Friday, October 12, 2018

Solange Lillian Wall Has Something To Say October 2018

Living As Another Longing for Others

I was born in another century and now live in the New Millennium. 
As a first generation American; the child of Caribbean immigrants I was raised in an environment of flavor, texture, colors and stories. It was often said "The blood that unites us is thicker than the water that separates us."   
As an African American -- or as I prefer to identify: an African in America.

The spirit of the philosophy of Negritude, embraced in the Francophone world, affirmed connections of solidarity, understanding and identity among Black people globally.  In our home, conversations often included concerns regarding self-determination, human rights and pride in the accomplishments and celebration of culture as expressed in the African Diaspora. 

Born and raised in Harlem which is identified globally as the ”Centre of Black Culture"
This was an environment of holiness and wholeness.  In those times there was little or no distinction between the sacred and the secular.  One aspect of cultural and religious life was the intersection of both. 

The Common Good and interdependence was a shared concern. We understood the fact that "We are Our Brother and Sister's Keeper" in a community of conscience and consciousness. I have been inspired by the stories and recognition of neighbors, and efforts to maintain the essential connections of faith and family. 

As Africans in America we are neither monolithic nor empty handed. The immigrant experience in Harlem was a conscious effort of accompaniment and welcome to those who followed.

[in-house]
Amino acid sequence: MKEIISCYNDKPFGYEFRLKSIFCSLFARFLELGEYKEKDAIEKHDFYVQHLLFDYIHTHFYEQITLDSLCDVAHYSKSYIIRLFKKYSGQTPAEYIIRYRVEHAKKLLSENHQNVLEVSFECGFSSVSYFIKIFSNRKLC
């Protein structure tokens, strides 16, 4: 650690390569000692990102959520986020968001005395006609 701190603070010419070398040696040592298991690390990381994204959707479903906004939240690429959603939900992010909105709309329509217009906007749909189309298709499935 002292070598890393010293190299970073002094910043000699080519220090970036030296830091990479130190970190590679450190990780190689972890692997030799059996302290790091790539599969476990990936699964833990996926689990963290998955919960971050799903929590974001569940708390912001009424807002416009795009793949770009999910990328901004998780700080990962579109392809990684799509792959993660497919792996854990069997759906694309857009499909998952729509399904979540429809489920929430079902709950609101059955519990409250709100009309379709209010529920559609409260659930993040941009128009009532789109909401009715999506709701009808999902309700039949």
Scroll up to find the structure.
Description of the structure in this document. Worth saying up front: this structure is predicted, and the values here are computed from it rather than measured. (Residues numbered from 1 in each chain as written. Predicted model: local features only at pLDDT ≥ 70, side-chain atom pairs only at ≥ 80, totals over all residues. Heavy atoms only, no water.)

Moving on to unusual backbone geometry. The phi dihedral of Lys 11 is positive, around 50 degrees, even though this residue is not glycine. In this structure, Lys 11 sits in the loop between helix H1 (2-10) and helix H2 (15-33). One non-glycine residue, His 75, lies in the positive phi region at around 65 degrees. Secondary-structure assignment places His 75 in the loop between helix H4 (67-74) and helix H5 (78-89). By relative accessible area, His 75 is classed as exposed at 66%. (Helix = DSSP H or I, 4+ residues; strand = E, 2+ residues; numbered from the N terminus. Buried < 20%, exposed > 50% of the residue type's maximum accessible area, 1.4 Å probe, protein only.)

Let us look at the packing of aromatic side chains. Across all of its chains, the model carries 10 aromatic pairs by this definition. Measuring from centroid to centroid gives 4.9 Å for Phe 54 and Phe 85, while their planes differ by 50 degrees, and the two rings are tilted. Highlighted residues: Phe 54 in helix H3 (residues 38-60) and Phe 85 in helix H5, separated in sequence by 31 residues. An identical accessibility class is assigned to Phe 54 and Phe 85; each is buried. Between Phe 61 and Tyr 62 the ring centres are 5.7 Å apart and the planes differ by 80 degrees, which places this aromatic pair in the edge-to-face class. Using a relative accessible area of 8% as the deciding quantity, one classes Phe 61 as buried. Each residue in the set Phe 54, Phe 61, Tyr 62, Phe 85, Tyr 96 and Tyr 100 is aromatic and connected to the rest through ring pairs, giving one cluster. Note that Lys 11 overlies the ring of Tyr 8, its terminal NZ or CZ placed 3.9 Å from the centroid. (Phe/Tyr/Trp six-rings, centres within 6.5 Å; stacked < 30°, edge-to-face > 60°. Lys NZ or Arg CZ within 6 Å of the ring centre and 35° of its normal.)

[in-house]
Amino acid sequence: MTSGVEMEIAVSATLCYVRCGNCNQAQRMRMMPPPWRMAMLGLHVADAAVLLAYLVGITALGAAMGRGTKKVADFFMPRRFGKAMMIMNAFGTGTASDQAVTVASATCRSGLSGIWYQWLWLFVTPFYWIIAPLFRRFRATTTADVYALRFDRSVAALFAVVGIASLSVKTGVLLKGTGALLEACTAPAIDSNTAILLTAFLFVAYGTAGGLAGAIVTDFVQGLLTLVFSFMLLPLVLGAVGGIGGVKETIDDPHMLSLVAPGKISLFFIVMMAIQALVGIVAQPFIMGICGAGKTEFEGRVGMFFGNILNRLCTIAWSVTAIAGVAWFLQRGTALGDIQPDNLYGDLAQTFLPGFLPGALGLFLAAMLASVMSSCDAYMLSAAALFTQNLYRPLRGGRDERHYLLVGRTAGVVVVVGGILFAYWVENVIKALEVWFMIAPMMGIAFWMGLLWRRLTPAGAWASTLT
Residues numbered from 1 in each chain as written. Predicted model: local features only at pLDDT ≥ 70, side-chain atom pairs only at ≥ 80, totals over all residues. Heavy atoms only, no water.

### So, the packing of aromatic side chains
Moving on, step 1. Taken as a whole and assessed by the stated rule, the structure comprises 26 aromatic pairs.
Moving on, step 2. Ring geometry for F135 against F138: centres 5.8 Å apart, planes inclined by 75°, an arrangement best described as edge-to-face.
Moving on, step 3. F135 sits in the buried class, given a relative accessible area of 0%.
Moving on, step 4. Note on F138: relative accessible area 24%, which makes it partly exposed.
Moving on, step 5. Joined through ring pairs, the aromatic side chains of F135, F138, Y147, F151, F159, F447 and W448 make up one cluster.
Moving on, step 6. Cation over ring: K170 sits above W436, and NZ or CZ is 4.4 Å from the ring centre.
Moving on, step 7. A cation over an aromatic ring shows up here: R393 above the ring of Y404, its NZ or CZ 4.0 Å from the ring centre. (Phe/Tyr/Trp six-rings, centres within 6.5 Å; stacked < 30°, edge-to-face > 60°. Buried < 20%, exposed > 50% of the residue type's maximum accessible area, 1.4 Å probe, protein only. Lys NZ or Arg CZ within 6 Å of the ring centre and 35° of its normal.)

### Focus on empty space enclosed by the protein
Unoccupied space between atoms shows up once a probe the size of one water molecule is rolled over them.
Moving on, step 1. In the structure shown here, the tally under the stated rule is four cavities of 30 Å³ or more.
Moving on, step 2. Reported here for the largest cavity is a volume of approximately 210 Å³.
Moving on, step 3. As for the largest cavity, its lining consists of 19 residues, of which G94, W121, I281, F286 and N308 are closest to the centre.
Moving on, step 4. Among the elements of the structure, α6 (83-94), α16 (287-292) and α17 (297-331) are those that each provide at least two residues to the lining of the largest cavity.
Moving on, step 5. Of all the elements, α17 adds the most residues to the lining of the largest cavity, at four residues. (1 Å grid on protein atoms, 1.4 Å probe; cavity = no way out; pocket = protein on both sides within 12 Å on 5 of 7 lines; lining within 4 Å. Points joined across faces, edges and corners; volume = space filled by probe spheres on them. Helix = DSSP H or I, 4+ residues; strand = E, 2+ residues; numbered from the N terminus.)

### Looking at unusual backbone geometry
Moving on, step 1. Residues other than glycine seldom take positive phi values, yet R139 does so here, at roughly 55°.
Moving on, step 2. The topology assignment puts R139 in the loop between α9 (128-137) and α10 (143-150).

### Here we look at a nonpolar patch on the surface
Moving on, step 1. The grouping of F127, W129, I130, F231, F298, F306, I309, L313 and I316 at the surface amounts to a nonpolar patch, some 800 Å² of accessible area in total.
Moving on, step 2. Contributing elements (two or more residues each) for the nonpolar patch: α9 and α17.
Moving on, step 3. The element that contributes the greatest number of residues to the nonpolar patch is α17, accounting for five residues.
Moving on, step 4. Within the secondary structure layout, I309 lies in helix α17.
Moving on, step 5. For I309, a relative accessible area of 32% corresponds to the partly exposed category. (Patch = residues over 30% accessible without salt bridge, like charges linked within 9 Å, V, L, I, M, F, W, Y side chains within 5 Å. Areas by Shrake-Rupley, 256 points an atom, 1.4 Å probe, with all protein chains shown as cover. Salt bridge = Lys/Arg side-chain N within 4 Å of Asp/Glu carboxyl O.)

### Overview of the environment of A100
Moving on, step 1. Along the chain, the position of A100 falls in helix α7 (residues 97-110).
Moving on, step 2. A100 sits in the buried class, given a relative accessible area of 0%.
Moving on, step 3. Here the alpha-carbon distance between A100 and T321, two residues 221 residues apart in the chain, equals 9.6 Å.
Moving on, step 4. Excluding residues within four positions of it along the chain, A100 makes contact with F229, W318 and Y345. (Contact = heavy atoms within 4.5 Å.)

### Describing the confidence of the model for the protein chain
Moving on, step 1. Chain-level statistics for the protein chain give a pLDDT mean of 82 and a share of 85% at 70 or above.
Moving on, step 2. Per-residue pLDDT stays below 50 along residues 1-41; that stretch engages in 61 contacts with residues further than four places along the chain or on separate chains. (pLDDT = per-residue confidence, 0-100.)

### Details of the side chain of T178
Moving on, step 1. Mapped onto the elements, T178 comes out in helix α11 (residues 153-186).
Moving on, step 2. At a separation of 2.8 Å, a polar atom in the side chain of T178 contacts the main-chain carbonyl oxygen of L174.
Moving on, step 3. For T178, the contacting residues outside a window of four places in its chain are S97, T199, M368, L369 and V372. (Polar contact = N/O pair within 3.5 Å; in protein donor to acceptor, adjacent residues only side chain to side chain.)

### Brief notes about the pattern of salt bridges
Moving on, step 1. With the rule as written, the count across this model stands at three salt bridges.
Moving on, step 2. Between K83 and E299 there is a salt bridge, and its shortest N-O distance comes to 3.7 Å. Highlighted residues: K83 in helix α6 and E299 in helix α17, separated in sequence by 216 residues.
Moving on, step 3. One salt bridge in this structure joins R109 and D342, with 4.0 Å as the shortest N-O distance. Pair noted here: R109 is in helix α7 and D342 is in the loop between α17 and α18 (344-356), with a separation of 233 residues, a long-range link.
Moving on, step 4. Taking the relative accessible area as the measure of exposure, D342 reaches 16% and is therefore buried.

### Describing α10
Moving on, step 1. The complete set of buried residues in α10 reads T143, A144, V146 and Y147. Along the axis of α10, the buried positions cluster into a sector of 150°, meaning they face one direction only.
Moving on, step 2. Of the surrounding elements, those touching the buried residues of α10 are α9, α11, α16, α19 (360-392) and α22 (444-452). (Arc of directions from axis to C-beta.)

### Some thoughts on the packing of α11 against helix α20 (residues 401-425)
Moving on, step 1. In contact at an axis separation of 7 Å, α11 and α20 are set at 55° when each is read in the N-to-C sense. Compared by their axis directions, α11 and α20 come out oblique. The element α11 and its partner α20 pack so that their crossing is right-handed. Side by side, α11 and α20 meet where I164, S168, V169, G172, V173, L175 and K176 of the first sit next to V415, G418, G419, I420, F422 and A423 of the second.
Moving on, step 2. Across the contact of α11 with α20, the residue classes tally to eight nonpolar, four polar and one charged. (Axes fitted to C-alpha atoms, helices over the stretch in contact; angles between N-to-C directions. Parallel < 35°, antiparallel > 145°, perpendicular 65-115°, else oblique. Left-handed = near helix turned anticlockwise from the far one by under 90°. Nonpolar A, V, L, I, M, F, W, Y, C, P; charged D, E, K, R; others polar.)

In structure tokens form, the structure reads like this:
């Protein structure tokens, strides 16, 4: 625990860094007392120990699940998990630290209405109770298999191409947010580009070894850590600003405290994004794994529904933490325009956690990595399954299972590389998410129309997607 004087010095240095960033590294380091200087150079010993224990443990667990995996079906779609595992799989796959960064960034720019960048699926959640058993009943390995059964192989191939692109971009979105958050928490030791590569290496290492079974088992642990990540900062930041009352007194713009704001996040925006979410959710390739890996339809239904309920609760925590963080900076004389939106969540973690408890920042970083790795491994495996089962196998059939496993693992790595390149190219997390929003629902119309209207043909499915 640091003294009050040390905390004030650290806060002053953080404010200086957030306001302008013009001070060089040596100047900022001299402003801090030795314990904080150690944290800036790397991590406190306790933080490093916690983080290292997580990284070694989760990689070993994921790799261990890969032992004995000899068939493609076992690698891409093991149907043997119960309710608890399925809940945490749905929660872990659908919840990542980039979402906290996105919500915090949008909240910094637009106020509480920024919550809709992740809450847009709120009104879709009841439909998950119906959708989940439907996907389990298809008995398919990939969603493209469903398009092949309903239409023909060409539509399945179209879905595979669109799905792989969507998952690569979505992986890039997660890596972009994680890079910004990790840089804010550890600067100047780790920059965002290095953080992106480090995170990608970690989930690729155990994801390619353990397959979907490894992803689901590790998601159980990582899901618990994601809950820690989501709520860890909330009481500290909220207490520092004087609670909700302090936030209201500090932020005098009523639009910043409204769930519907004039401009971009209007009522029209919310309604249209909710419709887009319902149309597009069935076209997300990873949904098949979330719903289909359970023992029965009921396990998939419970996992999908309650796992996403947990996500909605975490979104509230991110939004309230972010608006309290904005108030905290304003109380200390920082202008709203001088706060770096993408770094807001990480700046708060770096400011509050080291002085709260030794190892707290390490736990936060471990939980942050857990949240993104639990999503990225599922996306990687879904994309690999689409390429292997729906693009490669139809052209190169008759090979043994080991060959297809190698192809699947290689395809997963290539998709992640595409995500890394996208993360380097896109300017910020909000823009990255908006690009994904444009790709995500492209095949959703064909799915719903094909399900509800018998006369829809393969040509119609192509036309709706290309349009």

Sustainability was a goal. Benevolent societies were founded and homes were places of hospitality and welcome during transition and resettlement.

Political involvement and strategies were developed around the kitchen table and in the church hall.  Identity and naming (Negro, Black, Colored and African American) was an evolution of being.  For example during the Civil Rights Boycott of Woolworth lunch counter in North Carolina there was a conscious collective boycott of the Woolworth stores in Harlem.

As African American and Africans, we have lived and continue to live parallel lives often invisible. In the dominant culture our existence and presence is essential to American life as an undeniable reality in the fabric of this country.  Our sacred testimony is one of faith, style, transcendence in witness of the triumph of the human spirit.  We use the language of diversity and the "language of the world" in recognition of the ”soul of the world".

I recently visited the Smithsonian Museum of African American History in Washington, D.C. This was a truly worthy pilgrimage to recognize our holiness and humanity. 

In our words as witnesses I see the work of being, becoming and belonging.

Words of Wisdom from the Sacred Space of The Smithsonian Museum of African American History:

* Every person's spice box seasons their food.
*Soul is something creative…Something active.
*Songs of liberation who can lock them up?
*Wherever I go I bring the culture with me.
*Oppressed people resist by telling their story.
*Hard times require furious dancing. Each one of us is proof.

Lillian Wall, who died recently and too soon, was a beloved member of the leadership circle of The Women Who stayed, St. Joseph’s of the Holy Family parish in Harlem, the Grail, Pax Christi, and of UN initiatives to affirm the rights and dignity of indigenous people, to name but a few of her many communities.  This reflection is one of Lillian’s wonderful contributions to Xavier’s social justice study group which met last Fall.  Her humor, wisdom, kindness, work for justice and generous spirit enriched all who knew her.  Her funeral will take place at 10:30 this Saturday, October 6th 2018 at St. Joseph’s, Harlem.  St. Lillian of all the world, pray for us! 

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